By Navy veteran Lucy Wong, MA, BS, Quilter, Painter, Seamstress and Disease Hater
My serious health problems began in 1987; I have systemic diffuse scleroderma, a rare autoimmune disease that affects about 300,000 Americans with no cure. It turns the skin hard and tightens the skin, and has the potential to cause serious damage to internal organs particularly the lungs. It is more than a skin disorder, often progressive in which body cells attacks its own tissues. The impact varies from person to person and it may be an annoyance with daily life or even fatal. I have used art therapy as my natural healer instead of medications to cope with chronic illness.
I served in the United States Navy and worked with countless chemicals where OSHA, Occupational Safety and Health Administration, did not exist to protect workers against them. I was in the latter part of the Cold War when I got out of the Navy in 1984. I seemed healthy but a couple years later became seriously ill. I experienced chronic fatigue and body and joint aches. Any time away from work or school, I would go to bed. I got plenty of rest but it did not help. I wondered why I was falling apart at this time.
I was frequently late to work because of not being able physically to get dressed in a timely manner. Also, I could not get up when the alarm clock went off. My body ached all over and my fingertips turned blue and grey all the time and were extremely cold. Cold and stress does trigger Raynaud’s and it caused me pain and anxiety from flares. It is like having mini heart attack in my hands or feet. Raynaud is caused when the blood vessels narrow and results in reduce blood flow to skin making it look blue. Most who have it feel extremely cold and finger and toe tips look pale white and have mottled pale skin of the ears, facial areas or other areas. Now because of art therapy, I have developed practical skills to handle skin problems from Raynaud’s. I can make caps, gloves and scarves to keep me warm. I use tubs of skin crèmes and lotions to conserve moisture and heat.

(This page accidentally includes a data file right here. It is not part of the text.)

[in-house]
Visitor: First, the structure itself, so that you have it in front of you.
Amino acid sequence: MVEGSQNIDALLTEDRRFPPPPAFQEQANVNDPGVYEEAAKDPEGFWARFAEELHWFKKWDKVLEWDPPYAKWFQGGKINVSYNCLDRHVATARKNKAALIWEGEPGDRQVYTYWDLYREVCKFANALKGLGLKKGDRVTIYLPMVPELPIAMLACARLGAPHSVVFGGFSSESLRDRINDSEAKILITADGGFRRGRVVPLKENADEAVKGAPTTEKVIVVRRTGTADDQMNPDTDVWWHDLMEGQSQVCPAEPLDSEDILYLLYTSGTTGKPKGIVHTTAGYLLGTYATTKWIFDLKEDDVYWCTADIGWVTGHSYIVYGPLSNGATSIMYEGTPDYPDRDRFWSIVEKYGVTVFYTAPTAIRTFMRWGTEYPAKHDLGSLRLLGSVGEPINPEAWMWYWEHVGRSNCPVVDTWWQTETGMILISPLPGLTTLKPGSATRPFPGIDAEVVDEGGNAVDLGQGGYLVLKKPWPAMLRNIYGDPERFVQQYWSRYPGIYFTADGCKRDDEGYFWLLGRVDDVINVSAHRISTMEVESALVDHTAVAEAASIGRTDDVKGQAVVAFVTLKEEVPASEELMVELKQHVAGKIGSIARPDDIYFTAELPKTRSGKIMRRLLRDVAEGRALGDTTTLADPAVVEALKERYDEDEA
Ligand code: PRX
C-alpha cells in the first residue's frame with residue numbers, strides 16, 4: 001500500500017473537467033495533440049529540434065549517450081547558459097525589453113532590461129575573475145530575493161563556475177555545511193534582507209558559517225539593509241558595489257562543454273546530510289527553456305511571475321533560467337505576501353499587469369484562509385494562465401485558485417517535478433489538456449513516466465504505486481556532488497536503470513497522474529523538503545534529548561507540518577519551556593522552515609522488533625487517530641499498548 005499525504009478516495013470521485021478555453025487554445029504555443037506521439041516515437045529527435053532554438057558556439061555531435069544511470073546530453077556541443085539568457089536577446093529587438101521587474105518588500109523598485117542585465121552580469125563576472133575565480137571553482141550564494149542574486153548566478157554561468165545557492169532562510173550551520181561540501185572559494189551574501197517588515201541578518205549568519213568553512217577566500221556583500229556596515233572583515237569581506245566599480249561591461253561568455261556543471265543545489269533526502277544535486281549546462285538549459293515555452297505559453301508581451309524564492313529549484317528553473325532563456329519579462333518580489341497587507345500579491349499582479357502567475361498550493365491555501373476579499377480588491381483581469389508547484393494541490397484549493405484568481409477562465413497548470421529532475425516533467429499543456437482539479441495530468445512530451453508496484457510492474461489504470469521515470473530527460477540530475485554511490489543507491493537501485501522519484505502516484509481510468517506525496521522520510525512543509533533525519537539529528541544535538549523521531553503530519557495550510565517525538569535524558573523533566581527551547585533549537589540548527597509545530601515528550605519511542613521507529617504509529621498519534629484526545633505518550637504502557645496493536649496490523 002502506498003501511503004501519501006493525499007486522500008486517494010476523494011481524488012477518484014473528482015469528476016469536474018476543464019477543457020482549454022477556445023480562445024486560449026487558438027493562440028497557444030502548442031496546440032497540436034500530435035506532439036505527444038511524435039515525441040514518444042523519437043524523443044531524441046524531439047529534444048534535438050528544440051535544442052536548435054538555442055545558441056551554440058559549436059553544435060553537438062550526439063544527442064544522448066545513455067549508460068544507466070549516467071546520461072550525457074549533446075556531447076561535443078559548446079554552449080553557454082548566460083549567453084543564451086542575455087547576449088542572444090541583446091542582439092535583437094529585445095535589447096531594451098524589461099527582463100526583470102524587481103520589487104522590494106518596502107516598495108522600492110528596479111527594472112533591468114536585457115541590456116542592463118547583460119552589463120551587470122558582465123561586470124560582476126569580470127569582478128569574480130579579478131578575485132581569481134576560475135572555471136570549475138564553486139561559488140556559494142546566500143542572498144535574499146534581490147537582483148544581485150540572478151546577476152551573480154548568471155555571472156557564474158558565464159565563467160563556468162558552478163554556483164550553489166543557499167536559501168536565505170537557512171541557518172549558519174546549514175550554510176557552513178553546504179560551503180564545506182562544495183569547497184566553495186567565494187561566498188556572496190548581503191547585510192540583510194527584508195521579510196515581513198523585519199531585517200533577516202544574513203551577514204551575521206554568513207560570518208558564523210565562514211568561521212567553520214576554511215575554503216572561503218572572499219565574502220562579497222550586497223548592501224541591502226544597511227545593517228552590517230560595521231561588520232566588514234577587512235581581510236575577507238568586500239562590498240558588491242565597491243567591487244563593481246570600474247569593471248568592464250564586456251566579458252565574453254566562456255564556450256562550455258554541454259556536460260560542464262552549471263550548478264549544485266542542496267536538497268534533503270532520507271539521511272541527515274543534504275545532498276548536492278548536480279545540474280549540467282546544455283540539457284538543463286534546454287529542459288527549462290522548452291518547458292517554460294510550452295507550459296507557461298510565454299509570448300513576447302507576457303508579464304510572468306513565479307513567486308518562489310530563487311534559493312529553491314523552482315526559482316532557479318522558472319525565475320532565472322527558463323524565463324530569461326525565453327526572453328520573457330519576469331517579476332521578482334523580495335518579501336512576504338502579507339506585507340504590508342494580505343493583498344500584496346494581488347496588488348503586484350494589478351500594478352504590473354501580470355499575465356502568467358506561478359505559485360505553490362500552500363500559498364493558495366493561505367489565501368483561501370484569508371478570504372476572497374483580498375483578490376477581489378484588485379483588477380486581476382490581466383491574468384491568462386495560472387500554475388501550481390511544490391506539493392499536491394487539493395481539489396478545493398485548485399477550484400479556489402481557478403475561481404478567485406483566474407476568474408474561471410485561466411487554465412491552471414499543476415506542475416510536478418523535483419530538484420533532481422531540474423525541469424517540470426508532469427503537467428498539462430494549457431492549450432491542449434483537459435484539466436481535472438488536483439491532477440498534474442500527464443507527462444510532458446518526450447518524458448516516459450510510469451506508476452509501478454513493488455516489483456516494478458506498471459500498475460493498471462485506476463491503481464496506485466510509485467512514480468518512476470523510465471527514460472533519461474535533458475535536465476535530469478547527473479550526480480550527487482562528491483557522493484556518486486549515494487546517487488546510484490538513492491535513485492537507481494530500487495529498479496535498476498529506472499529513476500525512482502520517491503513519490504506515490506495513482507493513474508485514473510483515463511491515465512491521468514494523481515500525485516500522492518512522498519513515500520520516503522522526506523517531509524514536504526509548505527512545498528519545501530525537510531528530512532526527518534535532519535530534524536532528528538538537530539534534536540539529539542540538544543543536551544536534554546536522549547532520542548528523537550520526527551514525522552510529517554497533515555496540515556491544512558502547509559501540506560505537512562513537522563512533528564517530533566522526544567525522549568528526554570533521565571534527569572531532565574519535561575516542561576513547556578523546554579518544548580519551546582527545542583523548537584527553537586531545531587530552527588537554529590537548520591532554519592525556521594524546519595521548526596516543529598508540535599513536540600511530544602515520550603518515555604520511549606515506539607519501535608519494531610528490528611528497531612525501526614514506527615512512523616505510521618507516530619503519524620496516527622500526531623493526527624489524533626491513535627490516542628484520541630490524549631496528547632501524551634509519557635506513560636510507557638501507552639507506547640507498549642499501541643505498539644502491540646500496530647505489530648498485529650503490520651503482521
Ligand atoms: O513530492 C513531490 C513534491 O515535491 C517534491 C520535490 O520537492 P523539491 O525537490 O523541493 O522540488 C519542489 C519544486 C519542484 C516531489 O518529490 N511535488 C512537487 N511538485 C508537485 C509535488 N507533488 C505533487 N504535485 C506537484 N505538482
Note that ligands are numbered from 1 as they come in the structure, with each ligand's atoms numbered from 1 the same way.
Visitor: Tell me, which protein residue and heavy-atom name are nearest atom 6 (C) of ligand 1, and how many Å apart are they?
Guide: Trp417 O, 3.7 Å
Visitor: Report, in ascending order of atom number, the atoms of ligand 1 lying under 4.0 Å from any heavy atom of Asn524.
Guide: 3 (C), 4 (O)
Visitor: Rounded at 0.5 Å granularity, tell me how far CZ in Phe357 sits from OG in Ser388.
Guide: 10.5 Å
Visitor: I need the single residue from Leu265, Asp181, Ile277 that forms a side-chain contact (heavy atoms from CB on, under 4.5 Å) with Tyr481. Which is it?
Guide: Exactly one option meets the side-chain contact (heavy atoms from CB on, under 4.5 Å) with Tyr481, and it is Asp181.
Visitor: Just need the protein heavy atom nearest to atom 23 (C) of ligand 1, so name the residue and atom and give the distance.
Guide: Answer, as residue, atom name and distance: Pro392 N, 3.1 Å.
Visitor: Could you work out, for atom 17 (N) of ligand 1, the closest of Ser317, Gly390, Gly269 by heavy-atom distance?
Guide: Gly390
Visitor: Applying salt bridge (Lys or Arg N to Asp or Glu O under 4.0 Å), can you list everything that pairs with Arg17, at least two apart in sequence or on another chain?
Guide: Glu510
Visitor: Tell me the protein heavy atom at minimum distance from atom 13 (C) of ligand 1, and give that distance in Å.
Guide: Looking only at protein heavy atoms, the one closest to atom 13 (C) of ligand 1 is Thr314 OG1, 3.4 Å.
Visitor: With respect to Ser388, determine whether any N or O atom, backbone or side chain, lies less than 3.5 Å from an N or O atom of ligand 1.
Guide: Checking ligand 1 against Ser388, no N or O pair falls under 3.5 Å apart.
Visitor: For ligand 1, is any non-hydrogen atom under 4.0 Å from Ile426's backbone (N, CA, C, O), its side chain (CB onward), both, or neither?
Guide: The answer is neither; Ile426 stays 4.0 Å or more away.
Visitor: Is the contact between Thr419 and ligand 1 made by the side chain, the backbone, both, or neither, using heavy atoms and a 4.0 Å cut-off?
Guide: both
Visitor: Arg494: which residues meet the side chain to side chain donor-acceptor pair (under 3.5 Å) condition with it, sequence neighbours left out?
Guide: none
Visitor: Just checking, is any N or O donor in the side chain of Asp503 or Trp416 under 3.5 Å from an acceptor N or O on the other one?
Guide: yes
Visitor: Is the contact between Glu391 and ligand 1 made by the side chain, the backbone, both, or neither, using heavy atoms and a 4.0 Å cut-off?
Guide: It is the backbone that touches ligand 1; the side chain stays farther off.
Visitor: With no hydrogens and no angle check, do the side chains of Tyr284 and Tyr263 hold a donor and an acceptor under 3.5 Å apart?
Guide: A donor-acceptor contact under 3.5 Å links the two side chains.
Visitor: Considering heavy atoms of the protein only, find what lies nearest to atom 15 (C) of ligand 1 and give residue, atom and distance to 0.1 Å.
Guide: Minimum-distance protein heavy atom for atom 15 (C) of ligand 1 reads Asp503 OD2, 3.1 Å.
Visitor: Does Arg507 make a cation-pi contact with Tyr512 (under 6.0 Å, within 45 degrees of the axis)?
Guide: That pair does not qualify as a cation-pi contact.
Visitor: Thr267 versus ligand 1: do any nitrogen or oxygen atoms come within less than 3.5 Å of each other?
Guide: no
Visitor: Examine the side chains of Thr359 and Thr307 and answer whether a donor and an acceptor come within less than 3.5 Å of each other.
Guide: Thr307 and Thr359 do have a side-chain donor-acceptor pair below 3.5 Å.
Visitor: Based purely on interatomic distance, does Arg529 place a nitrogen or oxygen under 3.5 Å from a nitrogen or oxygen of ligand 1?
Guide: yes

What should have been the prime of my life in my middle 20s, I could barely wash one cup or fold one piece of laundry before I collapsed to bed. Finally, I ended up in the hospital and could not walk and had to use a wheel chair to get around. I was unable to feed myself because all my limbs swelled up. My meals had to be prepared for me. That’s why I know ready meals delivered by local senior centers are helpful for patients recovering at home. I was on temporary disability at this time for four months and hated it. I lived at home. My sisters May and Lou as well as our Mom, had to help me.
Doctors first thought my illness to be in my head then after clinical laboratory tests revealed positive ANA, anti-nuclear antibody screening for autoimmune or inflammation. My family doctor consulted with the rheumatologist who had not seen me yet that I had lupus. It was because the symptoms are similar, but I was so happy to get this news. Later on, it was definitely scleroderma with hand disfigurement, thinning of skin on boney parts and shiny skin. When I was married in 1991, my husband had Tricare for Prime, military medical insurance, and the doctors at Naval Medical Center San Diego diagnosed it.
Often, the right medical provider is needed to make the correct diagnosis. Although, the physical symptoms were noticeable seeing my skin tight and shiny around boney areas on my hands, lower legs, face and shoulders. The disease had not progressed to the latter state so the previous doctors made the best decision with what I looked like and they probably did not have more specific diagnostic labs as now.
I worked for thirty years before medically retiring. It was this one job which led me to arts and crafts in 1999, I was working in the STAR clinical trial in San Diego, the study of tamoxifen and raloxifen drugs for prevention of breast cancer in high risk women who did not have cancer. Often came home stressed out, I sensed that I needed a sewing machine and went to Sear. I bought a Kenmore brand which I still use. 15 years later, I continue to do arts and crafts routinely as creative therapy for wellness. Currently, I participate with the Arizona Art Alliance program for veterans in Tempe and Mesa, Arizona. This allows me to participate in these art therapy classes and gives me something to look forward each month.